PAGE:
I love the concept that if one in 10 people in cars on the freeway carpooled, there would be no traffic problems. OK, maybe two in 10 in LA, but you get the idea. Very little change can provide a huge result. Look at it another way. The difference between rich and poor is very little money. If you spend $100 less than you make each month, you are rich. But if you spend $100 more than you make each month, you are poor. A person living in a slum in Mumbai would think a person living in a slum in Washington DC to be rich.
I was told today that LEED – Leadership in Energy and Environmental Design – that part of the US Green Building Council – has said that parking garages cannot qualify for green certification, unless they are part of a mixed use project. Hmmmmmmm
Since I know nothing about this program (except that some garages have been so designated) and nothing about why they won’t certify a parking garage naturally I will speculate.
My guess is that LEED won’t give its coveted certification to stand alone garages not because of the design of the garage – it could meet all the LEED requirements for green design – it is because of the USE of the garage. It is used for parking cars, yuck, ptooey… and that is a bad thing. It would be like certifying a coal or nuclear powered electricity generating plant.
But are the folks at the USGBC missing the point? Just as taking a 10 percent of the cars off the freeway would greatly reduce congestion and pollution (cars travelling at 50 pollute less than those idling at 10mpg) and could be an achievable goal, wouldn’t building garages from old tires and recycled concrete and using low wattage lighting, and a great design where no artificial light was needed during the day move us down the ‘sustainability’ path just as far as the same garage with a few stores on the ground floor. Particularly if the garage was located where there was no good reason to have those stores in the first place.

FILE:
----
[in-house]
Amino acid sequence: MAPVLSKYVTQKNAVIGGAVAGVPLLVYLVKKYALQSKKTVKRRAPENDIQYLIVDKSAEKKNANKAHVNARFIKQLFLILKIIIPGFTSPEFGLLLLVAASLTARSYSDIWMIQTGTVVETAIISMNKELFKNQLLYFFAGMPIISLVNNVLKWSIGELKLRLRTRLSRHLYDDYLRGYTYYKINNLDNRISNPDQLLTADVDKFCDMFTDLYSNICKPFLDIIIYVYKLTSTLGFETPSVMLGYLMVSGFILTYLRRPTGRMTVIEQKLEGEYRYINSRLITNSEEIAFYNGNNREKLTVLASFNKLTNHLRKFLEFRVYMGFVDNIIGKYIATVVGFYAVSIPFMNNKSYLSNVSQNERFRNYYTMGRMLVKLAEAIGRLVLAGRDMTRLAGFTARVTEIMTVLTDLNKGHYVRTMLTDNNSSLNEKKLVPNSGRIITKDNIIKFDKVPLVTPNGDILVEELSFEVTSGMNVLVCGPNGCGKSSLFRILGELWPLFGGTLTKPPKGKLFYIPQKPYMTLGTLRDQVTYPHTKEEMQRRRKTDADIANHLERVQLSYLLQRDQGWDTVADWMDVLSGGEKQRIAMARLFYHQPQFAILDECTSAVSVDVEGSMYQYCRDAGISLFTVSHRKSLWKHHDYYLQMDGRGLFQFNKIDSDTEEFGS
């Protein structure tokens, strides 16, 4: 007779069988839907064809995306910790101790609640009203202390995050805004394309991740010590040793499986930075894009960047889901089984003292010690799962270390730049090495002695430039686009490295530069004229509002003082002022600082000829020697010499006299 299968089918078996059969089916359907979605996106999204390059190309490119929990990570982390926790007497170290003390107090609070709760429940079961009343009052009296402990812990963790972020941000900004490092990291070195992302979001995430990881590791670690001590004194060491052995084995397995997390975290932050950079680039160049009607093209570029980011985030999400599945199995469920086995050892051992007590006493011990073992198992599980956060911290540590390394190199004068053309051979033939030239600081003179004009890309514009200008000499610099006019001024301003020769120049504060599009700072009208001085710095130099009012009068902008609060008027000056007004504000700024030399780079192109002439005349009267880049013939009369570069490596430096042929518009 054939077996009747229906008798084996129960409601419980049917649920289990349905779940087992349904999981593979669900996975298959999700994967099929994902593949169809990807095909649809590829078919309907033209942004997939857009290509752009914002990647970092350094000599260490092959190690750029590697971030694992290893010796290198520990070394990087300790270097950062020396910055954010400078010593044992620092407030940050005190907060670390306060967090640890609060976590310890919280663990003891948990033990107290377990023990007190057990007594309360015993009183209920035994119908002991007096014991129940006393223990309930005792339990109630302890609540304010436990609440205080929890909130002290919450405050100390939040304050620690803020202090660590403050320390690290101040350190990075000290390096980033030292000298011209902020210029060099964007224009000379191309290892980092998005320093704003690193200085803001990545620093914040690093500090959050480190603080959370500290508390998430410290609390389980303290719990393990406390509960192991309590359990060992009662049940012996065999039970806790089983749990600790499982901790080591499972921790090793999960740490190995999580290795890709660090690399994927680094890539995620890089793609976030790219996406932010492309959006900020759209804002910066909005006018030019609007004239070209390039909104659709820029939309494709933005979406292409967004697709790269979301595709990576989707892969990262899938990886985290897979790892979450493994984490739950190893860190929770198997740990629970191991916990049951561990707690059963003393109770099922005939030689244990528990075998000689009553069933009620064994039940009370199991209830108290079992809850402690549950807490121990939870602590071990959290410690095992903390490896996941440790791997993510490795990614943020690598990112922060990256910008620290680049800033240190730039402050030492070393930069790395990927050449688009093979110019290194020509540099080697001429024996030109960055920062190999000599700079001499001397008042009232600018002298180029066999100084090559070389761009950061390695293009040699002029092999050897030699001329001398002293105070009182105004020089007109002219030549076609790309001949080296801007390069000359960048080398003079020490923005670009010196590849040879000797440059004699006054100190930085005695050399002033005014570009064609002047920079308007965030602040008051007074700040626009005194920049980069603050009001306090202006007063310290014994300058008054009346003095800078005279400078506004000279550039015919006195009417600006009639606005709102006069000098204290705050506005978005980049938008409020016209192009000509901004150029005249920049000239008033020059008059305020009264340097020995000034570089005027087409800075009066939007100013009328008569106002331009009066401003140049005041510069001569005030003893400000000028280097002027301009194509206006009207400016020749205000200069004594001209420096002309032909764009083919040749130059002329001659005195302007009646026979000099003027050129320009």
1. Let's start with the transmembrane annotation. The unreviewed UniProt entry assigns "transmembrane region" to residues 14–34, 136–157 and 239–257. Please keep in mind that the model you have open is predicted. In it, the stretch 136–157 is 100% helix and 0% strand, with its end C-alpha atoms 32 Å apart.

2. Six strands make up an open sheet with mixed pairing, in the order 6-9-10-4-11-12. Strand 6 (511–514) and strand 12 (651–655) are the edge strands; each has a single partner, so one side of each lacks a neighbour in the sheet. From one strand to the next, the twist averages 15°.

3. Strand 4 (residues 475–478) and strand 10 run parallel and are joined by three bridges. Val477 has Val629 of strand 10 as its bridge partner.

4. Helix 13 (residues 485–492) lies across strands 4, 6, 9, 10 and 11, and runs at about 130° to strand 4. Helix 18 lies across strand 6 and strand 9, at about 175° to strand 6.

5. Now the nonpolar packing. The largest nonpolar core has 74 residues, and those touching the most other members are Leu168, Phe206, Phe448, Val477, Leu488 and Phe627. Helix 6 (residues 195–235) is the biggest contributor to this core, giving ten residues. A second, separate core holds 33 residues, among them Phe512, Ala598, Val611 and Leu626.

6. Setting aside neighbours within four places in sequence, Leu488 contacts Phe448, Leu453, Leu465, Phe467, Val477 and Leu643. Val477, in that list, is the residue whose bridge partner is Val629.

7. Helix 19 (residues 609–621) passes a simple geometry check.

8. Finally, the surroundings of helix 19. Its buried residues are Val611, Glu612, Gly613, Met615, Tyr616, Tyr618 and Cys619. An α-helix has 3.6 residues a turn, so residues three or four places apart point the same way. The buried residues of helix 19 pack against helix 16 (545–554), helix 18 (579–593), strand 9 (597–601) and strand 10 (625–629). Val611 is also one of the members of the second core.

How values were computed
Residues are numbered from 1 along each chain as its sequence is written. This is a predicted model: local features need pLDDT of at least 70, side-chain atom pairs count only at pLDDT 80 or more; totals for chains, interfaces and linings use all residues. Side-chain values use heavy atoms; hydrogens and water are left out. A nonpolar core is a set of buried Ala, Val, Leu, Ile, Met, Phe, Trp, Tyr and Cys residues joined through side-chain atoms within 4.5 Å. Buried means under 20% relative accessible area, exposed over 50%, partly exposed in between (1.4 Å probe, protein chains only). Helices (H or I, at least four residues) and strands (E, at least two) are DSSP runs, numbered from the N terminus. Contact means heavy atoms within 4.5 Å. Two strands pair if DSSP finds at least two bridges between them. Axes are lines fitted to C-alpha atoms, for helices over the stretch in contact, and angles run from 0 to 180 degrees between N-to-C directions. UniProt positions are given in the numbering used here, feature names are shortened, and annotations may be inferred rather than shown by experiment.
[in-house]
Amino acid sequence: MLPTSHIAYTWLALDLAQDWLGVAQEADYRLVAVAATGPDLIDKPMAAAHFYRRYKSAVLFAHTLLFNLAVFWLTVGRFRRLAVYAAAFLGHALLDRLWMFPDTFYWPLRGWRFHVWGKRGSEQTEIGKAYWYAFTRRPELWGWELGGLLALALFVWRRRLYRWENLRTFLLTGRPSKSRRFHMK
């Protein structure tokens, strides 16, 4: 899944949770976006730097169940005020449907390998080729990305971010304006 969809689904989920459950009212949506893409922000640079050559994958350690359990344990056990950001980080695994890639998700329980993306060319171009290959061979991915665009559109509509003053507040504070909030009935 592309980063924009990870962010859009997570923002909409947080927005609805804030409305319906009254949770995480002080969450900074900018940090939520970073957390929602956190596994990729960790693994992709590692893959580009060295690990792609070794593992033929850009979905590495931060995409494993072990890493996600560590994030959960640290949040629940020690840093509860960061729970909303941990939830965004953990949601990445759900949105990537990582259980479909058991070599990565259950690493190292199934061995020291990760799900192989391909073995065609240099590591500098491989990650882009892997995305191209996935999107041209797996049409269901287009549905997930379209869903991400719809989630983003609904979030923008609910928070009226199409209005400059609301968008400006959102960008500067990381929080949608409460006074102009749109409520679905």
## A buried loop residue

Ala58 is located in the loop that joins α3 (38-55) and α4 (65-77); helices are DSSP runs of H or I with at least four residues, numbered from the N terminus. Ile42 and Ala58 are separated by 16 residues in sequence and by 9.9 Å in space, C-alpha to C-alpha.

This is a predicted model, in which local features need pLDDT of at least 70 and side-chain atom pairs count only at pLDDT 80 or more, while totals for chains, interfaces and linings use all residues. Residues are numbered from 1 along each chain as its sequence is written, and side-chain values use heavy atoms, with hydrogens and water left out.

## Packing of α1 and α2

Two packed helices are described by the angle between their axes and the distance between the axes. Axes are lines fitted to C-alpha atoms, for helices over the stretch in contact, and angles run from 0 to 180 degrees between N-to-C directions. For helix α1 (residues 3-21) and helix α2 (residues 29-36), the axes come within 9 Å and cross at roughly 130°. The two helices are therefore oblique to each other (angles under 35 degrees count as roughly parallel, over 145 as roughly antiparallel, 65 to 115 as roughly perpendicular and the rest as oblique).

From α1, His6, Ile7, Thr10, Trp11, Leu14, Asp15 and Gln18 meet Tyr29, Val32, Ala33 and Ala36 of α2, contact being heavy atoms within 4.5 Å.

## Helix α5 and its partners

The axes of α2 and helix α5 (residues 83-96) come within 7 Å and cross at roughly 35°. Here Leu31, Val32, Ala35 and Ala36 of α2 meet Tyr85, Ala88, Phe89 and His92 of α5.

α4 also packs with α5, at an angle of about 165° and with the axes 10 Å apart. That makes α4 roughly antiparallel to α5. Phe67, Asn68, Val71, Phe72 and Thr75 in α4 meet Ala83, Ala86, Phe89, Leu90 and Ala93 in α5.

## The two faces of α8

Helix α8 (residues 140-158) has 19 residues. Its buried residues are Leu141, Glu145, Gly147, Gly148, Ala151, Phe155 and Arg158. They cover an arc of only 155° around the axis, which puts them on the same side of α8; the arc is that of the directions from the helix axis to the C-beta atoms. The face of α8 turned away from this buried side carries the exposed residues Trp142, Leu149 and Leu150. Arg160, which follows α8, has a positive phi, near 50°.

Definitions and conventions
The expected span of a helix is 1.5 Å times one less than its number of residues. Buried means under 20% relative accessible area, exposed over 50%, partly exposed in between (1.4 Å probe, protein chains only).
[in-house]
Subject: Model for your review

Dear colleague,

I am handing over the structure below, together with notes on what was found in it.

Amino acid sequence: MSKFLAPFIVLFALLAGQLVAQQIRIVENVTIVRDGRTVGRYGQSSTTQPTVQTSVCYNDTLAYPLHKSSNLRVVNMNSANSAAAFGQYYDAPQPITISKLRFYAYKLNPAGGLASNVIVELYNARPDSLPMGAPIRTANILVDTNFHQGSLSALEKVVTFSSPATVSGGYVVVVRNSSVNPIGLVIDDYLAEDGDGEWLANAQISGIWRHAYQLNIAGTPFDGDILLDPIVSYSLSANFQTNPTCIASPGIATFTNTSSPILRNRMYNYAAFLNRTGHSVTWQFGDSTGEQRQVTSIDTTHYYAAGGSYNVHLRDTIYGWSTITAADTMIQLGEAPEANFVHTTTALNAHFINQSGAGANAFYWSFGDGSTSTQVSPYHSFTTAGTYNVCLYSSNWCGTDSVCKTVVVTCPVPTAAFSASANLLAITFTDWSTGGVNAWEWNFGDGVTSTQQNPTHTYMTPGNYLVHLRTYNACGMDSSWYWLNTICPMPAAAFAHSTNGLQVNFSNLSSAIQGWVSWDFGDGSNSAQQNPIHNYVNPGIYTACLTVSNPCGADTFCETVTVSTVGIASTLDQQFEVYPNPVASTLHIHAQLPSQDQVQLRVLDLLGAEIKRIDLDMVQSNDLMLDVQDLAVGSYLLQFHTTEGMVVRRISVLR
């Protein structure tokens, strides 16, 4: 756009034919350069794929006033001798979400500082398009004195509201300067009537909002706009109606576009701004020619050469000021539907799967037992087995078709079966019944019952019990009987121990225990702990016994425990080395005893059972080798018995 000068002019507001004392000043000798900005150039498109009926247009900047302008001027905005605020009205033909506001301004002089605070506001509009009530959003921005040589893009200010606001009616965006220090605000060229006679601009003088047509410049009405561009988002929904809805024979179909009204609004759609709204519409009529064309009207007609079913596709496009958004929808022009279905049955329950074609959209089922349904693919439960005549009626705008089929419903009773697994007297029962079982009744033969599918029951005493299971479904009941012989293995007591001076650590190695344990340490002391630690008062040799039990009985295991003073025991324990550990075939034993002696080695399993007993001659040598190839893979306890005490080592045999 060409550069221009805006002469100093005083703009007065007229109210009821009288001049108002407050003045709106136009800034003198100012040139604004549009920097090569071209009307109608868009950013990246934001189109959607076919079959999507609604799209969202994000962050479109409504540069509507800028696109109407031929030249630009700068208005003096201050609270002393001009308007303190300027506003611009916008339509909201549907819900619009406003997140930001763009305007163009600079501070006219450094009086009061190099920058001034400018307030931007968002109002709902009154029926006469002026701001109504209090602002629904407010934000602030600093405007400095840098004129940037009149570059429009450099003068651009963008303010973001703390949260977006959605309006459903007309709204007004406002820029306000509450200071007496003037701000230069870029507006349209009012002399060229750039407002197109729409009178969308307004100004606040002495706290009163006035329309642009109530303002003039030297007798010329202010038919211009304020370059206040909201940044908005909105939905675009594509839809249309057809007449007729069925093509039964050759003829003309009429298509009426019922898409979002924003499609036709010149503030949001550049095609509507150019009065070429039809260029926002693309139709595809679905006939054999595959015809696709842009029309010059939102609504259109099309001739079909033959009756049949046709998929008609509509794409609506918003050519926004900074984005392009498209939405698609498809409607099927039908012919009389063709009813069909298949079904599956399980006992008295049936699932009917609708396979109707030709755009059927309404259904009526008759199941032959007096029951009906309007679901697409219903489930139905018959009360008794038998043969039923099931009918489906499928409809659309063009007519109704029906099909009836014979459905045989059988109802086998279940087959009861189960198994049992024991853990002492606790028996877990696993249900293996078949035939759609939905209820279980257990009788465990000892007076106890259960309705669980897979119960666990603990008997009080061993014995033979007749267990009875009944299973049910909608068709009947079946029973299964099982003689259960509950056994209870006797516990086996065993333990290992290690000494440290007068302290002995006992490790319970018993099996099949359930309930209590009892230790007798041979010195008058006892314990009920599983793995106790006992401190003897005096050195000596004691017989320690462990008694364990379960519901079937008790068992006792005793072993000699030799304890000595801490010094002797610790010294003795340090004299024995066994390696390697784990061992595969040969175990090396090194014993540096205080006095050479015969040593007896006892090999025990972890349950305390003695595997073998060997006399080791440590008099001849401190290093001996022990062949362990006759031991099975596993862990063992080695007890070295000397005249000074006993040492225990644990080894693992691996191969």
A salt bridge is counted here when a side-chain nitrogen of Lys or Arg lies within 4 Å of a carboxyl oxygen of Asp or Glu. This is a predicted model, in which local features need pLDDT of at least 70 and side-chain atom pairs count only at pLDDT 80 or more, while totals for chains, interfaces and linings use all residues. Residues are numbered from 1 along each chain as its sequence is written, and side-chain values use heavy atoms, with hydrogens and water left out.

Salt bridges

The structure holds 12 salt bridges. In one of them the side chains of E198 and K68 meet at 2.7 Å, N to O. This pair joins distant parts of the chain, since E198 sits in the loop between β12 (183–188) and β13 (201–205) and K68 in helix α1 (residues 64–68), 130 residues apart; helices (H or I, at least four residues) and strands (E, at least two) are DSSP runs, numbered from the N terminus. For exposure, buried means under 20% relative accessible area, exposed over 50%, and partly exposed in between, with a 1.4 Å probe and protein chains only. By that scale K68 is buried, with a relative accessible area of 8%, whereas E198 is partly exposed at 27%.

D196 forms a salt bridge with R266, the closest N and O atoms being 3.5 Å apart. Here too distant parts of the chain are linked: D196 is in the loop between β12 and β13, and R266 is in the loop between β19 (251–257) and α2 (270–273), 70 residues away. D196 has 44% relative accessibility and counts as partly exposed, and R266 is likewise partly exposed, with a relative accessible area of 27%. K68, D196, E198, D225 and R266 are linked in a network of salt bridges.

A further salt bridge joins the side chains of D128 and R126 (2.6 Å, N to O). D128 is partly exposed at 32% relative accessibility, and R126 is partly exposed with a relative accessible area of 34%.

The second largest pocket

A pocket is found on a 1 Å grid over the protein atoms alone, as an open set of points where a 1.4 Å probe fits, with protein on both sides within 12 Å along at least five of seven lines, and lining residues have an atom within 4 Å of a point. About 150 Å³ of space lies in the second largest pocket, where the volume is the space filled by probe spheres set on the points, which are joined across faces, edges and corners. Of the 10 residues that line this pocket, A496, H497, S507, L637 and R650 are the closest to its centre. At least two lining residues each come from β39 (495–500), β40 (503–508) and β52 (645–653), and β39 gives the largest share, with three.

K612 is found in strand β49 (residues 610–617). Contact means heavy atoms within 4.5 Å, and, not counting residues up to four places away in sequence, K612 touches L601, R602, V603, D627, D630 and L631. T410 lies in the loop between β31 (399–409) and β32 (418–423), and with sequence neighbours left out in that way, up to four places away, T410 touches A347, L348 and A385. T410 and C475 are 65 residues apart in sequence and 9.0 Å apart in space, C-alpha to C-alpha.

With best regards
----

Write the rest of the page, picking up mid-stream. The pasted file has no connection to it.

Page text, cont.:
It’s obvious this rule has happened recently. A number of garages that are stand alone have been certified. So why not continue.
My guess is that someone at USGBC felt it was time to apply pressure on our industry and take sustainability to that next step. Start moving away from the original purpose of the building, since it is, by definition, non-sustainable. I could be completely wrong, but I doubt it.
Don’t we miss the point when we take these things to the extreme? Rather than allow the auto companies to proceed apace in raising mileage (the market will force them to do so) the government is now considering DOUBLING the CAFÉ standards, a goal that might not be possible. Why? Because folks with almost religious zeal drive the process.
I think it’s time for some wisdom to be brought to bear on the whole concept of sustainability. Consider that if we reduced the energy use of all commercial buildings by say 15%, we would reduce the amount of fuel we burn to make that energy by a like amount. The building owners would see, it seems to me, that signing up for new more efficient heating and cooling systems, efficient lighting, and the like would be an economic thing to do and it would be done in due course. Businesses don’t keep spending money just for the fun of it.
Likewise, if the design of new buildings, including parking garages, brought technology and architecture to bear on the problem and reduced energy consumption that would be a good thing. And if this group or that wanted to give awards for such designs, super.
While the rest of the world is increasing their per capita energy use, we are reducing it. Right on.
But when we get to the point that we determine that certain types of structures don’t qualify for awards and set goals that are unachievable, have we lost sight of where we are going.
I think so.